Wednesday, August 27, 2008

Study Says Plaintiffs Should Settle!

In the mediation of a litigated case, there comes a time when participants consider the potential outcome at trial or hearing. This is the part of mediation where you, as mediator, help them sort through and consider their BATNA (best alternative to a negotiated agreement), WATNA (worst alternative to a negotiated agreement) and MLATNA (most likely alternative to a negotiated agreement). With this analysis in hand, participants are then usually able to make more informed choices about how to proceed - settle or go to trial.

Now there is another tool to add to your mediator toolbox when discussing the case with plaintiffs. A soon to be published study found that settling was better for plaintiffs than going to trial. According to study co-author Randall L. Kiser - “The lesson for plaintiffs is, in the vast majority of cases, they are perceiving the defendant’s offer to be half a loaf when in fact it is an entire loaf or more.” Here's a link to a New York Times story on the study - Study Article. The study reviewed 2,054 cases from 2002 - 2005 and found that plaintiffs made the wrong decision in going to trial, i.e., obtained a lower economic result as compared to an offered settlement, in 61% of the cases while for defendants, the figure was much lower at 24%.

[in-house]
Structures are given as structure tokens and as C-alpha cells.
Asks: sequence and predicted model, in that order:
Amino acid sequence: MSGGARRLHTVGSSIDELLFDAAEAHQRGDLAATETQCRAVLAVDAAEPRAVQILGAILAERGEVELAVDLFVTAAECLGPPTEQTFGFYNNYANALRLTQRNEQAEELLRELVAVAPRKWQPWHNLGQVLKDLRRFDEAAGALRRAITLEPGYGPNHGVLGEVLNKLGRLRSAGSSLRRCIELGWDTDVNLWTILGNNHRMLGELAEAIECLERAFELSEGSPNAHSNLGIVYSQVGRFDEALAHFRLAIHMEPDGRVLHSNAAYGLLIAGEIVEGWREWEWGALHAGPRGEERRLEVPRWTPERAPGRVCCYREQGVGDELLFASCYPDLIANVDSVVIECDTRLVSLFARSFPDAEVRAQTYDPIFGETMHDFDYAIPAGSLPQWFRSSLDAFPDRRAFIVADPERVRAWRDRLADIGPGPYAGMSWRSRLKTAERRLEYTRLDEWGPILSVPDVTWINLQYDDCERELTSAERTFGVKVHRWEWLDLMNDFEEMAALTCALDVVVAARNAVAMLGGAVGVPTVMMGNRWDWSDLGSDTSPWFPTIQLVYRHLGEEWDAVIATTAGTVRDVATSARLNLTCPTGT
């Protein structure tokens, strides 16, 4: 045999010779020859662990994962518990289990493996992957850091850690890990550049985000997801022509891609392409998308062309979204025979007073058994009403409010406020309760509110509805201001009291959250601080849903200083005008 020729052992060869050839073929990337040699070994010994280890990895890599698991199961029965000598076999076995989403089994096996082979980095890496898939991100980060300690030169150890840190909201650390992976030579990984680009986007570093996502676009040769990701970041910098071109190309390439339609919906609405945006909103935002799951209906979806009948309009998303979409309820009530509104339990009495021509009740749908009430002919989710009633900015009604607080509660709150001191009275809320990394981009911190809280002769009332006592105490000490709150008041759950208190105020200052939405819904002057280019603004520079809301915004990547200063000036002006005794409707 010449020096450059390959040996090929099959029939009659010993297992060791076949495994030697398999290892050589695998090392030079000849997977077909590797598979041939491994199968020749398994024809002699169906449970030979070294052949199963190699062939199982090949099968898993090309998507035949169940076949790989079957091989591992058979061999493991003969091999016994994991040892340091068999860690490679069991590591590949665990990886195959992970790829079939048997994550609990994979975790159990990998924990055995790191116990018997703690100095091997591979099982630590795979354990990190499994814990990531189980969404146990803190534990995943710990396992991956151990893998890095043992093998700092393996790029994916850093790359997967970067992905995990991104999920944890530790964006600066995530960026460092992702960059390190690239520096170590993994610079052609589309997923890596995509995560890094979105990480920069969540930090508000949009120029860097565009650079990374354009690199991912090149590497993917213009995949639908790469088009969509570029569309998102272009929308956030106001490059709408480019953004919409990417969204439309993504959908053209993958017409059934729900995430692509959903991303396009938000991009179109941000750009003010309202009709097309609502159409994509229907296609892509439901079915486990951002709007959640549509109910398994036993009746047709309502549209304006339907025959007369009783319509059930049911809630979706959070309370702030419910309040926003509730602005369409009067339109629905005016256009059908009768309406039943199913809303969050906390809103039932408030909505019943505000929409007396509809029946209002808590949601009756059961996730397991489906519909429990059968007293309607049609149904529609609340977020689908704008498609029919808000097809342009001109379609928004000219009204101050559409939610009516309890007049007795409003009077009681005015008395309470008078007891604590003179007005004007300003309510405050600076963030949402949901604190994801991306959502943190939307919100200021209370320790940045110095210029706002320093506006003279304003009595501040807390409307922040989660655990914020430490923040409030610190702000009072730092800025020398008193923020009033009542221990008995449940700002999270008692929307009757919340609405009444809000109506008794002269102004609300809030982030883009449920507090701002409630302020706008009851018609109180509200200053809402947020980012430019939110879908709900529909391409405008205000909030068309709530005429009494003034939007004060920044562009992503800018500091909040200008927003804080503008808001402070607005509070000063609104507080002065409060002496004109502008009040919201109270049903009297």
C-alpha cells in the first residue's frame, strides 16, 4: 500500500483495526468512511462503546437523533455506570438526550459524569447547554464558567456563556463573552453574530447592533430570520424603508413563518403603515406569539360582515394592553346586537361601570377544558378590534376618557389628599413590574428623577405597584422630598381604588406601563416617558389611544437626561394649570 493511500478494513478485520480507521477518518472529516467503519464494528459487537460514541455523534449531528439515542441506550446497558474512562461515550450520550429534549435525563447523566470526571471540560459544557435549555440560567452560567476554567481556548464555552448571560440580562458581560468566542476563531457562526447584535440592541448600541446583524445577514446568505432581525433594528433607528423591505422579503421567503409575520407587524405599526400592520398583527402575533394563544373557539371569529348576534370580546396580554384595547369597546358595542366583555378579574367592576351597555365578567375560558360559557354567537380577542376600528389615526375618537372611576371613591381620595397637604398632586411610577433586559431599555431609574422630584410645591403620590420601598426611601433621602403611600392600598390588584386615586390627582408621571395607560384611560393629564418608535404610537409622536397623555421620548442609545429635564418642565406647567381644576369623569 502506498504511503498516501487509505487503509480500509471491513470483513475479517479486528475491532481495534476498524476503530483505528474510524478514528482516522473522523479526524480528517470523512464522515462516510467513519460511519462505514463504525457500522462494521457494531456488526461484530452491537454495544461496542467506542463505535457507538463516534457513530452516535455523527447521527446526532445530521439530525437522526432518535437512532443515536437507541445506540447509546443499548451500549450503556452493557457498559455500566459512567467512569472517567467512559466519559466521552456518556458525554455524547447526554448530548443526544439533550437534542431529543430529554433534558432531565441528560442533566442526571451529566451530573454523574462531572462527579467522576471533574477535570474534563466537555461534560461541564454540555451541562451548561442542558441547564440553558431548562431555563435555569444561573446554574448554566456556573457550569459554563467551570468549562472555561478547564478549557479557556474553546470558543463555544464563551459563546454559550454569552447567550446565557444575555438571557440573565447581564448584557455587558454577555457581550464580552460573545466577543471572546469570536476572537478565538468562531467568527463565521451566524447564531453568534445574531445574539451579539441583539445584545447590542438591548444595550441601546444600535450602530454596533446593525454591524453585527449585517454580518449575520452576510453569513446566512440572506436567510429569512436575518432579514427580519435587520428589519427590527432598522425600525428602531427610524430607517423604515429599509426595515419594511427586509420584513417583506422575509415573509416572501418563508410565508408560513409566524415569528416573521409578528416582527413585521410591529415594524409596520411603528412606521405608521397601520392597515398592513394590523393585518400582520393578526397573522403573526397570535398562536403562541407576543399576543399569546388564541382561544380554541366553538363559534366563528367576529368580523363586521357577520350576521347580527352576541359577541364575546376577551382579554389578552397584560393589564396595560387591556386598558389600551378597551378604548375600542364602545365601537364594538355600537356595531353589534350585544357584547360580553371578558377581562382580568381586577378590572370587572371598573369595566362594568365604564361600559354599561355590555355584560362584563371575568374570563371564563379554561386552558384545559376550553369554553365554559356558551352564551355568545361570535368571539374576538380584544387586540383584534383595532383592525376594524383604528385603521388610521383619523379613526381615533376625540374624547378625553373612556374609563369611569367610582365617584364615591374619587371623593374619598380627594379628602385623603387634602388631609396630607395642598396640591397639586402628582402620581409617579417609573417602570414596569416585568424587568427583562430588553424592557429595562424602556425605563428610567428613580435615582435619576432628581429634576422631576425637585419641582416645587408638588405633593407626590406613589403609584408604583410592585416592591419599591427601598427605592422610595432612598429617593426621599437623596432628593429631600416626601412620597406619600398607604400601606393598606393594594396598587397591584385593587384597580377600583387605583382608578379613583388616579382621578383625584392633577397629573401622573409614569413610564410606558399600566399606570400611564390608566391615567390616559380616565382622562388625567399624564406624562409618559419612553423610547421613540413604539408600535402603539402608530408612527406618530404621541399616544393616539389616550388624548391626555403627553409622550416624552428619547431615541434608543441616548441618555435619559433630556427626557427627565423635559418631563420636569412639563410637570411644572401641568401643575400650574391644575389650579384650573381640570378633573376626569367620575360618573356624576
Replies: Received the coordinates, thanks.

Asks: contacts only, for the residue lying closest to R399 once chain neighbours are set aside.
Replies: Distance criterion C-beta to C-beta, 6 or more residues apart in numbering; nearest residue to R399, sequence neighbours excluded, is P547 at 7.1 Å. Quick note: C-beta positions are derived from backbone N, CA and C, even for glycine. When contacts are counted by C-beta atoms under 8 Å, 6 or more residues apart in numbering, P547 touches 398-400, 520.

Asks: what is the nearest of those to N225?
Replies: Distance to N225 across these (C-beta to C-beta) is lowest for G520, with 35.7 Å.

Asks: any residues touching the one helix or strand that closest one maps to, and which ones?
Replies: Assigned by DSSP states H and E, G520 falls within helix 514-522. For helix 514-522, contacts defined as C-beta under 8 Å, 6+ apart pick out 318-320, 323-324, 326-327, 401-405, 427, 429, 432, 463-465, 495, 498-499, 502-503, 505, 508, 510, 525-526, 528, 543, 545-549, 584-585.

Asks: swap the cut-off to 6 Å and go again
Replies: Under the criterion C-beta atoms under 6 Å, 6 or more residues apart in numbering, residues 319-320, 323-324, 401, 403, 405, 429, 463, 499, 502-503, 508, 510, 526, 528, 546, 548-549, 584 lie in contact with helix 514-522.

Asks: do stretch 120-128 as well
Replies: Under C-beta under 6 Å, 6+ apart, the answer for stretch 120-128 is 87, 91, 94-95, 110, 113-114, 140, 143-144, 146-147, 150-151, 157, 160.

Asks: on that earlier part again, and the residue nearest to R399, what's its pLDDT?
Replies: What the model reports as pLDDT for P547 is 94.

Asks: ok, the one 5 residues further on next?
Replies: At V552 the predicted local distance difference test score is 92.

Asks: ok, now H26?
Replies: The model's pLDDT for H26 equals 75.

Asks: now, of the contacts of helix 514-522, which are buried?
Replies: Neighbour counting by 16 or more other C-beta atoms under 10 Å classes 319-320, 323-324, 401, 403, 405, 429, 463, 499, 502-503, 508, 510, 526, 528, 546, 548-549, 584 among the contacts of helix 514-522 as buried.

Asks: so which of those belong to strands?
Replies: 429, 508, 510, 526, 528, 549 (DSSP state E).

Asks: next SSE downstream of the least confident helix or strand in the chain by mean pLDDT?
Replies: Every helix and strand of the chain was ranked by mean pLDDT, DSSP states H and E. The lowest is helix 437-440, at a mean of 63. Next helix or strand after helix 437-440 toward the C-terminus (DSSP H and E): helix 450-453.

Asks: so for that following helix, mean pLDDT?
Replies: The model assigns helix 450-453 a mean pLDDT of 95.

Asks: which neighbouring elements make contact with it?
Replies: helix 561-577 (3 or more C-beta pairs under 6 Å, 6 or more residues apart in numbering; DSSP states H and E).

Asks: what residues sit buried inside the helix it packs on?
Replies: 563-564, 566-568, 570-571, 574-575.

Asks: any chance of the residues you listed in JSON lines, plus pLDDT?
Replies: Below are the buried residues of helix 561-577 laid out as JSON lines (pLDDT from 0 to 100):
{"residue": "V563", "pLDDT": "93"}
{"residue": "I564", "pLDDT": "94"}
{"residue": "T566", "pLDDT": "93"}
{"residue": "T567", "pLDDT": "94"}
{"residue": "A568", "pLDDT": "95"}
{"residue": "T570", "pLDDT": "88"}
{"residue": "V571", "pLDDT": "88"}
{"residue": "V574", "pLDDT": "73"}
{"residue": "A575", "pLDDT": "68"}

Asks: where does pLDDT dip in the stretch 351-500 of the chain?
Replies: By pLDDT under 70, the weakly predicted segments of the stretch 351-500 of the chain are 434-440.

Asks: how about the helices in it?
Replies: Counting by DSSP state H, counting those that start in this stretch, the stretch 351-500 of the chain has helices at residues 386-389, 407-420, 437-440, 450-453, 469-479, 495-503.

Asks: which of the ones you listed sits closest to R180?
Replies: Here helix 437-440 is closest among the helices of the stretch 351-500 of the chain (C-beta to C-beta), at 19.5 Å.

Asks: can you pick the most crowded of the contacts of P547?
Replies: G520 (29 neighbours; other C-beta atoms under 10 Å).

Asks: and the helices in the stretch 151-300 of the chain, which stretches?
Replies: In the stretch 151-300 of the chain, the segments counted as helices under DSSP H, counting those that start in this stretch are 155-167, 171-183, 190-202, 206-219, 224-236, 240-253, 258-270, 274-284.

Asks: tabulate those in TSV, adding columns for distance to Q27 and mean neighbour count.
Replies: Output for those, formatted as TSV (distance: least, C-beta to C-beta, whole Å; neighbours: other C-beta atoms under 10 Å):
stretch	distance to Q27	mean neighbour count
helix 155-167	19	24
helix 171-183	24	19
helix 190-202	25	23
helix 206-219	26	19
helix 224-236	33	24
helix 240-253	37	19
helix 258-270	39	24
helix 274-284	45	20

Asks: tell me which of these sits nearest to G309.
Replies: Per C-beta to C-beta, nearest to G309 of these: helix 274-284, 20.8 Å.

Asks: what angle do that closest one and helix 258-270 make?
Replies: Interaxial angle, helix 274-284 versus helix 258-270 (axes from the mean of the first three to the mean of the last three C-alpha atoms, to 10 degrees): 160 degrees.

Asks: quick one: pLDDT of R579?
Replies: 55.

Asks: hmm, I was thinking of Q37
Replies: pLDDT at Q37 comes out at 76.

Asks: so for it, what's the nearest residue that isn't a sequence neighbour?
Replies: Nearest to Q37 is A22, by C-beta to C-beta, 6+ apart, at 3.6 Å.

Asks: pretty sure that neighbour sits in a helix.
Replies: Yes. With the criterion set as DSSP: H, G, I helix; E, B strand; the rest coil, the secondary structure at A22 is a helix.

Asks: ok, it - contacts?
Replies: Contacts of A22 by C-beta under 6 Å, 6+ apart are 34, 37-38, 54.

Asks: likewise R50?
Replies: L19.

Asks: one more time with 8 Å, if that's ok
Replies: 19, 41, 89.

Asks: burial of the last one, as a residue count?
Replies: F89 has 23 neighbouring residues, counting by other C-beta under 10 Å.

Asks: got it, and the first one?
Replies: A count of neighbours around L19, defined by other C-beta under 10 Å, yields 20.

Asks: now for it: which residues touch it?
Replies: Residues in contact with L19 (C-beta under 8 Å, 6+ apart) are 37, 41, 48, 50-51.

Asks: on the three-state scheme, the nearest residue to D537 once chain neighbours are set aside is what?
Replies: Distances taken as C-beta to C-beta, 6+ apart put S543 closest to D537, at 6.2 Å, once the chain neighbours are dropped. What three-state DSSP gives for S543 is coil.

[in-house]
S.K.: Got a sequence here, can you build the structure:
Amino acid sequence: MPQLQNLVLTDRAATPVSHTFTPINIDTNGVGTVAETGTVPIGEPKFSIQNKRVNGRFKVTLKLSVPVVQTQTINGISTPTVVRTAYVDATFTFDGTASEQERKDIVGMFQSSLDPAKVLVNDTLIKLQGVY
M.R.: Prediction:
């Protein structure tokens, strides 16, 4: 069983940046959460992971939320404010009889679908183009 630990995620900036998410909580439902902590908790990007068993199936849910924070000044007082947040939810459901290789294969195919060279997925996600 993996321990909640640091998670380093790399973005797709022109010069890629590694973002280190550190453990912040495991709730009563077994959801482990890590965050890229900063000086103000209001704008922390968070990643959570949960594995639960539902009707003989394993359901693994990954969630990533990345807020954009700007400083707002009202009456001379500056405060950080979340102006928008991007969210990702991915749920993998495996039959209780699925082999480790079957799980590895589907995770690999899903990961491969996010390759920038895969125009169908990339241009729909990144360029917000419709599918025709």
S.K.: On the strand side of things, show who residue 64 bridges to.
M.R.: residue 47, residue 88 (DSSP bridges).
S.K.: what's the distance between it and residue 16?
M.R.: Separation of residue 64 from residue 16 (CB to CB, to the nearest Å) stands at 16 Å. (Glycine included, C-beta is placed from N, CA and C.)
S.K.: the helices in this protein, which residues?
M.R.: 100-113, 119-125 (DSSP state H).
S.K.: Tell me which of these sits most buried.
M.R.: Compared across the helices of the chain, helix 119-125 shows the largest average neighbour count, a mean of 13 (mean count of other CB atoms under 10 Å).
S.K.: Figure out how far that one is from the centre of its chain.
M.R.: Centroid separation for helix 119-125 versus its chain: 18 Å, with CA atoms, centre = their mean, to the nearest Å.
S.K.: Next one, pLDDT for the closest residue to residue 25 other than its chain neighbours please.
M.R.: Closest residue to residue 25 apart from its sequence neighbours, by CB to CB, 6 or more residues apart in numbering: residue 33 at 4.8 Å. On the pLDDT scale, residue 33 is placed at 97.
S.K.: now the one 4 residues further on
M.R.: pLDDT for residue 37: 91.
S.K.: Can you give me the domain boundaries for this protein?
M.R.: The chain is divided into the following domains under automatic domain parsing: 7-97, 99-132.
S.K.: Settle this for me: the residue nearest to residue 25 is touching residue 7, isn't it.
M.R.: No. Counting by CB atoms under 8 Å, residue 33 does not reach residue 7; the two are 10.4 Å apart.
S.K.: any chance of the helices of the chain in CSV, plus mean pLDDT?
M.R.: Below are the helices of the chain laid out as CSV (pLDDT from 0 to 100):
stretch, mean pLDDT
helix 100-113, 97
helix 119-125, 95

So, next time you are in private caucus with the plaintiff and counsel, you might ask if they've heard of this study and it's results. It might help participants rethink their perspective on the case and create further opportunity to explore settlement.

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